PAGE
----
The Donegal survey was carried out by James McParlan, a medical doctor, published in 1802. It covers all of the main topics as well as an extensive treatment of the reasons for the poor condition of many of the rural population, which he firmly blames on the excessive production of whiskey! This book is exceptionally important for Donegal, where information is sparse for the early nineteenth century.
The Royal Commission on Labour commissioned the reports into the conditions of the Agricultural Labourer in the Poor Law Unions of Ireland, which were carried out primarily in the 1890s. The reports mirrored a survey that was carried out in England previous to the Irish reports. The results, particularly for many of the Poor Law Unions in the West of Ireland were shocking. They painted a picture that had changed little since the famine for the agricultural labourer. The report covered the issues of Supply of Labour, the Conditions of Engagement, Wages and Earning, Cottage Accommodation, Gardens, Benefit Societies, Trade Unions, General Relations and General Conditions.
The areas covered in this particular report are the Poor Law Unions of Cookstown (Co. Tyrone), Ballyshannon (Counties Donegal, Fermanagh and Leitrim), Ardee (Counties Louth and Meath), Downpatrick (Co. Down), Clones (Counties Monaghan and Fermanagh), Letterkenny (Co. Donegal), Limavady (Co. Derry), Ballymena (Co. Antrim), Castleblayney (Counties Armagh and Monaghan), Dromore West (Co. Donegal) and Ballymahon (Counties Longford and Westmeath). Because of the geographical spread covered the results vary with Limavady, Downpatrick, Ballymeena and Cookstown classed as good; Ballymahon, Ballyshannon and Dromore West as poor. In some cases the cottages were little more than mud cabins, which may have had up to 8 people living in them. However, this can be contrasted with areas that give very "favourable accounts". Each report is accompanied by detailed statistical returns as well as comments by several of the leading gentlemen of the area. Information was also collected from the labourers themselves, and often their condition is described in some detail, giving their name, address and other personal details. Common themes throughout the reports are the decreasing number of labourers owing to emigration and the lack of winter work. In cases where the conditions were poor much of the blame was placed on the laziness and lack of thrift of the labourers.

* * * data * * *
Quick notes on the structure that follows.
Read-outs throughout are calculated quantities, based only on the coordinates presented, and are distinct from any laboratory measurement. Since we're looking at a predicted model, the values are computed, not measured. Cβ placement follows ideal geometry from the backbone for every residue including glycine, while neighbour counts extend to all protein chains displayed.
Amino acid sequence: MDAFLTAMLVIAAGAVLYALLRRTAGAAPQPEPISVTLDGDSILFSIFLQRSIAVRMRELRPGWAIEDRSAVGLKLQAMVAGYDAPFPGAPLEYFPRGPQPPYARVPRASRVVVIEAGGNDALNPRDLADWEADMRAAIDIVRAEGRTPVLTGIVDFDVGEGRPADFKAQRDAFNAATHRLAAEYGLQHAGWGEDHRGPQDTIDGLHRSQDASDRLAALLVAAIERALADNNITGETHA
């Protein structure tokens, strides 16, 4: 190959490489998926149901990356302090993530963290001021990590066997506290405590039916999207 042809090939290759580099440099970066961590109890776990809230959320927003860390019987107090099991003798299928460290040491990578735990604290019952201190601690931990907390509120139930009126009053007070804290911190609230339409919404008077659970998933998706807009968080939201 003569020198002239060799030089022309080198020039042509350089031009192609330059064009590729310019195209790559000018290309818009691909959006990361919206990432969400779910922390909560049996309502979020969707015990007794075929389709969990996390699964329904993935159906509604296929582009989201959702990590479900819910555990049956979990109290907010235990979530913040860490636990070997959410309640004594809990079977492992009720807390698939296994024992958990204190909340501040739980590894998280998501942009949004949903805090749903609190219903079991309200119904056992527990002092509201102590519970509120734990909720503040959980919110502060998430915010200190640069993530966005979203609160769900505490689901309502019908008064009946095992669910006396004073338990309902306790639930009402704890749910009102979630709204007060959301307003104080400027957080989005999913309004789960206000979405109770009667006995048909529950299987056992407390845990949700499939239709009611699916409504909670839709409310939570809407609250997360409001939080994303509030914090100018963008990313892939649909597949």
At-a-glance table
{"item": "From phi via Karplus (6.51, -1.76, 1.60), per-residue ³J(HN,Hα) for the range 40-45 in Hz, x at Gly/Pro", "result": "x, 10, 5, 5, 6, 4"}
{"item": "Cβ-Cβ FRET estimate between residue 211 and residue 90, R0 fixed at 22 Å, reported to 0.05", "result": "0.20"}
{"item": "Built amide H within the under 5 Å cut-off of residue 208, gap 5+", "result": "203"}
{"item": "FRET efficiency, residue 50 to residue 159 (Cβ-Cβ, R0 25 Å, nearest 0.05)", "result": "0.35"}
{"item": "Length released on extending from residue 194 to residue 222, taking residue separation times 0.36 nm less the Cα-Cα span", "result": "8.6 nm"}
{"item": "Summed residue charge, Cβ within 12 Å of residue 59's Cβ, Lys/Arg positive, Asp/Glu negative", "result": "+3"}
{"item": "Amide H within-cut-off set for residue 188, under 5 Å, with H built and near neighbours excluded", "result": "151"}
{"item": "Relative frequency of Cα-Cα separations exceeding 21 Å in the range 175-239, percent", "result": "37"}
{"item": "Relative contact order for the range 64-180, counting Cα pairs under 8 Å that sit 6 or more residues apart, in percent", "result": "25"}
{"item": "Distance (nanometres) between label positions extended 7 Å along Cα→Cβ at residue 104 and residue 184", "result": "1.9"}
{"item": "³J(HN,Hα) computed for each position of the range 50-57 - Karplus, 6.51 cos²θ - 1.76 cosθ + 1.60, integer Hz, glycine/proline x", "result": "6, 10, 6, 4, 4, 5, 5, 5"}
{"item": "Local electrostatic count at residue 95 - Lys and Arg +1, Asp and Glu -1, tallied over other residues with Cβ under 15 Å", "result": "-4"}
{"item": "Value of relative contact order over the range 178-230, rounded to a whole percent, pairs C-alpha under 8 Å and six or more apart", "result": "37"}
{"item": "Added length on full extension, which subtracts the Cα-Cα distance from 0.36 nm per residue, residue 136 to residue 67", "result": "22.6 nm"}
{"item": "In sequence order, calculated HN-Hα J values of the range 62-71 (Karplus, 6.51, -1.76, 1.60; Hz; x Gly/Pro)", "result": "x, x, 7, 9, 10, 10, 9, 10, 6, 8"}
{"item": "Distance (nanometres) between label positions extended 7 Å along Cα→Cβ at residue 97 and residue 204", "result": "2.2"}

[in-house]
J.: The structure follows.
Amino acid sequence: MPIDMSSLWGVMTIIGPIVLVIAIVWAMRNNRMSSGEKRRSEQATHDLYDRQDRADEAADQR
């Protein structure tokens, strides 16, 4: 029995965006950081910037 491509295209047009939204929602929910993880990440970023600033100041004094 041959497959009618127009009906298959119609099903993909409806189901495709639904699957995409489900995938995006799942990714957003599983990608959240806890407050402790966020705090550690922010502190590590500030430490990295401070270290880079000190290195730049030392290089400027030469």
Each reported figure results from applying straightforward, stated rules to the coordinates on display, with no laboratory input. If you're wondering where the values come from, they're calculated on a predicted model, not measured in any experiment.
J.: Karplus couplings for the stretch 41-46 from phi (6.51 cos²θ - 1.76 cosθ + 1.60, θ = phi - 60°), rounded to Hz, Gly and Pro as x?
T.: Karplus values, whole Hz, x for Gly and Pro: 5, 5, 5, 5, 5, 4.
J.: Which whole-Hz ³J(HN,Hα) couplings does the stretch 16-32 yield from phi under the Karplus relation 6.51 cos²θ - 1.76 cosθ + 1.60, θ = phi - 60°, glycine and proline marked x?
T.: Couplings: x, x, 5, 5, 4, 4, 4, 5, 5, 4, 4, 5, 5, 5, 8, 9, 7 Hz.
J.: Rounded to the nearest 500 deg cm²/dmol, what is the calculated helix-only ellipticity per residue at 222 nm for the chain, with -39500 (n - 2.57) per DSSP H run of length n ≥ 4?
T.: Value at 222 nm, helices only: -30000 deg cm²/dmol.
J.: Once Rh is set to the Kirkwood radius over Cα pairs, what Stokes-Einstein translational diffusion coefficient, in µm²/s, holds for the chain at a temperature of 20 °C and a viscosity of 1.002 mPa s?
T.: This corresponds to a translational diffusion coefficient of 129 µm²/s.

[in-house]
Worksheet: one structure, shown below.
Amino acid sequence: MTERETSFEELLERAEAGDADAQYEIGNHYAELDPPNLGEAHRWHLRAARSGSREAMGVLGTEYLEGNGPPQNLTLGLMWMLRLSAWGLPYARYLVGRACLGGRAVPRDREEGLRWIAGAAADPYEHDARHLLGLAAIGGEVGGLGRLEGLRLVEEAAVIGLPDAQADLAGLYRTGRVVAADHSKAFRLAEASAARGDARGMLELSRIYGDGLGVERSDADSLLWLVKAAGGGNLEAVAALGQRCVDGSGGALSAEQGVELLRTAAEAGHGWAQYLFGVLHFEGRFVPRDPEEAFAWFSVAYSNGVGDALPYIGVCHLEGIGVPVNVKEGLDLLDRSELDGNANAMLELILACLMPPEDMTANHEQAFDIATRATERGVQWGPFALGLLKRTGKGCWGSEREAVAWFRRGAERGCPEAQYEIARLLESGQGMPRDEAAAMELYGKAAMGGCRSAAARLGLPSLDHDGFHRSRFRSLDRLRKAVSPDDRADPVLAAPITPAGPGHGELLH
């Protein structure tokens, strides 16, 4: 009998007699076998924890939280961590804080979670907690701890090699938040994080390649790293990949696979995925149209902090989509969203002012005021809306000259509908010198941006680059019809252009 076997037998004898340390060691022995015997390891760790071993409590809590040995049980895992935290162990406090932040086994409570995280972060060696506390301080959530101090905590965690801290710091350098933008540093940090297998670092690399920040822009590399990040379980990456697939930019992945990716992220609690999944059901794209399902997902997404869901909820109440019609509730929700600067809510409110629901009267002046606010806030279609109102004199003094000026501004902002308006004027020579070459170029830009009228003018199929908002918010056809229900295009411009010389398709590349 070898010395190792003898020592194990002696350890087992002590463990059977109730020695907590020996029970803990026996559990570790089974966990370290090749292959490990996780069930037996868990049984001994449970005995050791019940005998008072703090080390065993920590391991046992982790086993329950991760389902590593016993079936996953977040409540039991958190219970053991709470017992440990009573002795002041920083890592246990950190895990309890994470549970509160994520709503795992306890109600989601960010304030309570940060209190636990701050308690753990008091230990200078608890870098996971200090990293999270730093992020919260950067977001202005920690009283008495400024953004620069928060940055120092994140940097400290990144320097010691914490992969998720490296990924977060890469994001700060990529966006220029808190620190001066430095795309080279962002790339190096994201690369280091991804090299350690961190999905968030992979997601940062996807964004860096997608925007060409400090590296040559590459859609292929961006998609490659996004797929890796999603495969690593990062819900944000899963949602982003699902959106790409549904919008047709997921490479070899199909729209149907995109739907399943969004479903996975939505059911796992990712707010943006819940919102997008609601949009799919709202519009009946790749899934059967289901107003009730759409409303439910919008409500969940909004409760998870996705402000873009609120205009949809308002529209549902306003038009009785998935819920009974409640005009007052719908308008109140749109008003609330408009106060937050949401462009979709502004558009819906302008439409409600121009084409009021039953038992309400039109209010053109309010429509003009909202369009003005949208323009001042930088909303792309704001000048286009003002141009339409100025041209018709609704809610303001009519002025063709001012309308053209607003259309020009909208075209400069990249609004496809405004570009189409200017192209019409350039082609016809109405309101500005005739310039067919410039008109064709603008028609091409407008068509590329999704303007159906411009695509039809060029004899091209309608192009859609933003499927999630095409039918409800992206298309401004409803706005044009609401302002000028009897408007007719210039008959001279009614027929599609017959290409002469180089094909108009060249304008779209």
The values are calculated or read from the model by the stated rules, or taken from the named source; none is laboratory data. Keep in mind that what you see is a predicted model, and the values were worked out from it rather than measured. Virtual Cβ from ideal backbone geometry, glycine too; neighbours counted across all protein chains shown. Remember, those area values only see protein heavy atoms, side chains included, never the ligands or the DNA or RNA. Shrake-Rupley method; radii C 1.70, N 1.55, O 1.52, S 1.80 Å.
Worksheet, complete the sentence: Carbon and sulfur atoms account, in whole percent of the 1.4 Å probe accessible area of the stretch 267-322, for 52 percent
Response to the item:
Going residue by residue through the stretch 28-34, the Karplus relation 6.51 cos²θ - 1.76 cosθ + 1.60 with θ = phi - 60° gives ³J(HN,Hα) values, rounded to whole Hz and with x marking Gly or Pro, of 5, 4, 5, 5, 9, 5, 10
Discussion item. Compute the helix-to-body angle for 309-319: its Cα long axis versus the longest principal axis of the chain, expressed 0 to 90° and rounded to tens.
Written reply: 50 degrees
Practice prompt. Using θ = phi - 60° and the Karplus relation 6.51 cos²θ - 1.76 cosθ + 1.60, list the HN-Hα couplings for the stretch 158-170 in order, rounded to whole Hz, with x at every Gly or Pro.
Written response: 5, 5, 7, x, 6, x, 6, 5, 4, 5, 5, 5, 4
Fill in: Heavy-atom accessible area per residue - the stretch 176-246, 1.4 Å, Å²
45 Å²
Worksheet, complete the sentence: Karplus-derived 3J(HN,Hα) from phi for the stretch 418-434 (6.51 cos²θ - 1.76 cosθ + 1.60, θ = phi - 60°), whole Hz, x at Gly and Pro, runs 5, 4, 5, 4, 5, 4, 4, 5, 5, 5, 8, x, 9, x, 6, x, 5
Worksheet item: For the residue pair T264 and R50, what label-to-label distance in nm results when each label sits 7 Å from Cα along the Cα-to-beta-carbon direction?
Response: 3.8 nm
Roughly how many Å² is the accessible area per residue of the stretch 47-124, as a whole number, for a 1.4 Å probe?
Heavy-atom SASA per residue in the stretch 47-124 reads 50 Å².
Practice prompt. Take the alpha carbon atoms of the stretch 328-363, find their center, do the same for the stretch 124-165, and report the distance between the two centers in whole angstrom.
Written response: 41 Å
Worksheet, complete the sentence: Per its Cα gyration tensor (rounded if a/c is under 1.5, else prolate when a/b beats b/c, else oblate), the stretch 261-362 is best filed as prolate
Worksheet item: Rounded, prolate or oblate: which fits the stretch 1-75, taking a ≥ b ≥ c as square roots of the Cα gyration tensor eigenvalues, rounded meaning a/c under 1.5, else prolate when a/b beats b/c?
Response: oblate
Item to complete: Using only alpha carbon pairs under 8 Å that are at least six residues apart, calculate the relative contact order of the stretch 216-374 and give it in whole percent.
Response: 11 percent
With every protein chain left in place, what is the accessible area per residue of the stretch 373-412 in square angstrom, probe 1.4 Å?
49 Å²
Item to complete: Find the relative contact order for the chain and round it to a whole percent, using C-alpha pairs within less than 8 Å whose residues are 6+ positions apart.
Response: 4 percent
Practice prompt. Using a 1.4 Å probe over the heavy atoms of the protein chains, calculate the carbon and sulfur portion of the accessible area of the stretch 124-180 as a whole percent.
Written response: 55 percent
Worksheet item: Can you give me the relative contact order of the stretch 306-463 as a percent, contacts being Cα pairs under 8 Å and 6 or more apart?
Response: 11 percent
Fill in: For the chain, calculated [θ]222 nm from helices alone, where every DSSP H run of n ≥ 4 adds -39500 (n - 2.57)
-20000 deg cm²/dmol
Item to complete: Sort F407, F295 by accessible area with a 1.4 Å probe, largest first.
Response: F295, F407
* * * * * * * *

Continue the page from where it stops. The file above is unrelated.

This report is fascinating insight into a class of Irish life that was slowly disappearing which is already evident from the evidence supplied. The large area covered makes it particularly interesting, as the differing standards are all too easy to observe. This report offers a vital insight into the social and economic conditions of the country as it approached the 20th century.
This is one of earliest full commercial directories of Ireland, and includes over 220 urban centres throughout the island. Organised by Province, and then town, it lists all the principal office holders, gentry, professionals, tradesmen, hotels, schools, public institutions, churches, and even pubs for each town in Ireland. There is a description of each Province and town as well. This was Pigot's much-expanded second edition (the previous version dated 1820) and is now extremely rare.
This title includes the Introductory sections, and the Ulster section only.
Lewis gives details about every parish, town and village in Ireland, including numbers of inhabitants, the economy, history, topography, religion and parish structures, administration and courts, schools, and much more. He also gives the names of the principal inhabitants (generally landlords, merchants and professionals).
This Dictionary is in four parts:
· Preface & Subscribers
· Volume 1: A-G
· Volume 2: H-Z
· Volume 3: Maps